Like a lot of folks in the Catholic media, I spent the days following the release of “Laudato Si’” talking to the secular press. The most frequently asked question, both on-camera and off, was some version of “What is Pope Francis really doing?” Now this is a perfectly reasonable question, especially during a time when people are generally distrustful of public figures and their motivations.
Yet in the case of Pope Francis, the question isn’t really necessary, mainly because the pope tends to tell us exactly why he is doing something. When he moved out of the Apostolic Palace, for example, there was a lot of speculation about his motives. But he told us exactly why he made the move: He found the palace too isolated. But even when the pope doesn’t tell us explicitly why he is doing something, we can usually discern his motives through the Rosetta Stone of his Ignatian spirituality. The Spiritual Exercises of St. Ignatius are the madness in the pope’s method, or the method in his madness, depending on one’s point of view. So in order to understand “Laudato Si’,” it is important to understand something about Ignatian spirituality. What follows is the best short description that I know of. The author is the eminent spiritual master Howard Gray, S.J.
Following the example of St. Ignatius, Jesuit life centers on the imitation of Jesus—focusing on those priorities which constitute Christ’s mind, heart, values, priorities and loves. What are those values, priorities and loves? Ignatius would encourage us to consider what Jesus said and did. At the foundation of Jesus’ life was prayer, a continuous search for how best to live as an authentic human being before a loving God. Jesus preached forgiveness of sins, healed the sick and possessed, and gave hope to the poor, to those socially and economically outcast. Jesus spoke of joy, peace, justice and love; he summoned men and women from all classes of society to continue to follow his way to God and his commitment to helping people become whole and holy. Being a companion with Jesus on his mission gave Ignatius of Loyola’s life a sense of purpose and meaning.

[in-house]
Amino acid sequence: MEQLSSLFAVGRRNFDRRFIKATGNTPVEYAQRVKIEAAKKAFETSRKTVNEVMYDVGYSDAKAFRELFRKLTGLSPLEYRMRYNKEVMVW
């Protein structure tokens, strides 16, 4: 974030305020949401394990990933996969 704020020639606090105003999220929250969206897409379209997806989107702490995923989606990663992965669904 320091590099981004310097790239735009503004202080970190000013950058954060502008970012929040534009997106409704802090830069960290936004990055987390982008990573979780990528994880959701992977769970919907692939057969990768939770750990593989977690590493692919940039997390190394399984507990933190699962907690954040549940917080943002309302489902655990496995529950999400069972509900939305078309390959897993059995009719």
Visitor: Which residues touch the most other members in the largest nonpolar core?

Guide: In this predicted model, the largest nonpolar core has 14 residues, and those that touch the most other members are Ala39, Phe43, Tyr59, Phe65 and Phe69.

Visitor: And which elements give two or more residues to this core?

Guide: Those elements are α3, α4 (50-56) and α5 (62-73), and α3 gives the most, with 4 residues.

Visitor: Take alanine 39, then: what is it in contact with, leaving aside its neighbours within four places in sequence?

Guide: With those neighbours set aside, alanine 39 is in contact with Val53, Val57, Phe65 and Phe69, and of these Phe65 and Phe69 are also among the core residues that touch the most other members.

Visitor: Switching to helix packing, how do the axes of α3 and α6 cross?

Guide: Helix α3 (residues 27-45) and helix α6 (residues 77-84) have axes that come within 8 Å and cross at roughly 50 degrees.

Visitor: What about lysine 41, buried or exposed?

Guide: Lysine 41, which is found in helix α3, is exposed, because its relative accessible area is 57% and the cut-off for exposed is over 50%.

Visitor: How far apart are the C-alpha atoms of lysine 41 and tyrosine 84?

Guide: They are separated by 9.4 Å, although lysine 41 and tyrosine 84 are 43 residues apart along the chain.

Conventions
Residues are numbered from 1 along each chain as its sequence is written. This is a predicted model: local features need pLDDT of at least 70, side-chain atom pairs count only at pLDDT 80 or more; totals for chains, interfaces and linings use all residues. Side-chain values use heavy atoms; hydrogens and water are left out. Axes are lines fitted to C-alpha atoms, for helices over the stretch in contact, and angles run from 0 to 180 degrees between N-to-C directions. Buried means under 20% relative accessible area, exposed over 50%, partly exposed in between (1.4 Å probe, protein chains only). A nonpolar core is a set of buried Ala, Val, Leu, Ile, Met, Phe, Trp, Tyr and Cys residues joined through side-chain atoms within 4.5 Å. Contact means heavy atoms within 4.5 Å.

It is just such companionship that lies at the heart of Ignatian spirituality. The Society of Jesus attempts to incorporate these same gospel values into all its works. Jesuits stress the need to take time to reflect and to pray, in order to find out how God wants us to serve in all our ministries. This active commitment to seeking God’s leadership is called discernment. It is at the heart of St. Ignatius’ Spiritual Exercises.
The overriding characteristic we see in Jesus is loving obedience, an open-hearted desire to find and to pursue how God wants other men and women to be forgiven, to be free, to utilize all their talents and opportunities in ways which build up this world as a place where faith, justice, peace and love can flourish. This kind of spirituality is incarnational. It views the world as a place where Christ walked, talked and embraced people. It views the world, therefore, as a place of grace, a place of being able to give life to others.
At the same time, Ignatian spirituality is realistic. The world Christ faced was also a world of cruelty, injustice and the abuse of power and authority. Consequently, Jesuit spirituality affirms our human potential but also is dedicated to the ongoing, day-in-day-out struggle between good and evil. No one apostolic work exhausts how good can be done; therefore, Jesuits do all kinds of work. The Jesuit norm is: to find where God will best be served and where people will best be helped.